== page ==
Leave agriculture out of emissions trading

Australia’s $29 billion-a-year agricultural industry should be charged for polluting rather than included in a carbon emissions trading scheme planned by the Australian government, an independent public policy research group said Nov. 3.

The Australia Institute said it was too hard to measure carbon emissions in the agriculture sector, making it difficult to include it in the emissions trading scheme.

“The whole point of an emissions trading scheme is accurate measurement of emissions of individual polluters in order to make them pay for what they emit,” said Hugh Saddler, the joint author of a report on agriculture and emissions trading.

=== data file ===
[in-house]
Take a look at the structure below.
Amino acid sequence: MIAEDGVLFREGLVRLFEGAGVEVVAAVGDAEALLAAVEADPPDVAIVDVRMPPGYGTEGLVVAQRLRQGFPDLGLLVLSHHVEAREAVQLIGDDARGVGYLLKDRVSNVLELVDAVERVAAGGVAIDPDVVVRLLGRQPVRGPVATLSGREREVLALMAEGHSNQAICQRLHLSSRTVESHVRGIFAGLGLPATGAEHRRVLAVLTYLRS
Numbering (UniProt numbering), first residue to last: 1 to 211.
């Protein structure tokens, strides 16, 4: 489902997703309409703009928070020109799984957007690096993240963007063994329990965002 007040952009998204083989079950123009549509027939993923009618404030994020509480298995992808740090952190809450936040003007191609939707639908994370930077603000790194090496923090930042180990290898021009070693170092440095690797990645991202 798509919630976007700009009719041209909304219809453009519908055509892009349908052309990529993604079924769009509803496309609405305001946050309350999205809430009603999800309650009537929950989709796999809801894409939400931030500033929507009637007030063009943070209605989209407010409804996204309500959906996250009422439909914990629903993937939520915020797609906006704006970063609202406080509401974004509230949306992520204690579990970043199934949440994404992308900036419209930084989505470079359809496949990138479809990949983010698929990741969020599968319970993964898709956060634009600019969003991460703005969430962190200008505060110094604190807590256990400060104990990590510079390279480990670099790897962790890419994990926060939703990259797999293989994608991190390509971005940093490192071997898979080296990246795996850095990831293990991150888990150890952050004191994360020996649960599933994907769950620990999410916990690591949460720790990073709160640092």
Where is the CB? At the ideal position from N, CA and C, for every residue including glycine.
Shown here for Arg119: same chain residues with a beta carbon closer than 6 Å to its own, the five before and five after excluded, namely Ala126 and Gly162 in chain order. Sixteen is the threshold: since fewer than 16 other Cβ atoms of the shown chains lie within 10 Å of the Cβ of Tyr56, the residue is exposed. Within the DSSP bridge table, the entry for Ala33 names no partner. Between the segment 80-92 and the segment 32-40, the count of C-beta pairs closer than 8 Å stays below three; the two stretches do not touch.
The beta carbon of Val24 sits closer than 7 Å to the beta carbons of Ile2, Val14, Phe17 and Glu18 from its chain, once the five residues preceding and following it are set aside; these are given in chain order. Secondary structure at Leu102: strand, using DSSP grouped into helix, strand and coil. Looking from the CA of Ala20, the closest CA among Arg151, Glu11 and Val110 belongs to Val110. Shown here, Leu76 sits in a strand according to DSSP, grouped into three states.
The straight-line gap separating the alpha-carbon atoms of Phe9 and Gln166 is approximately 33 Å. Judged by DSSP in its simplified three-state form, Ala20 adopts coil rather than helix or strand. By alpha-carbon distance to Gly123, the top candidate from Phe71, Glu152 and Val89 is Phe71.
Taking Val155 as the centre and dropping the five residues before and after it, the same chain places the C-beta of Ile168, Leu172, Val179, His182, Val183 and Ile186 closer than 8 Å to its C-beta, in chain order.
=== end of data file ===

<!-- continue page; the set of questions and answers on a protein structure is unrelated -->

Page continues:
“When it comes to agriculture it is neither possible nor efficient to accurately measure the emissions of a herd of cows or a paddock of wheat,” said Saddler.

Australia plans to start the trading scheme in July 2010 but does not intend to include agriculture until 2015 because of the problem of measurement of emissions in the sector.

Saddler said a levy on production would be a more effective way to reduce agricultural carbon emmissions.

“We have suggested a levy that would go into a fund which would be used on projects and programs within the agriculture sector…to do things that actually reduce their emissions,” said Saddler.

Australia and New Zealand are the only two countries considering including agriculture in carbon reduction schemes.

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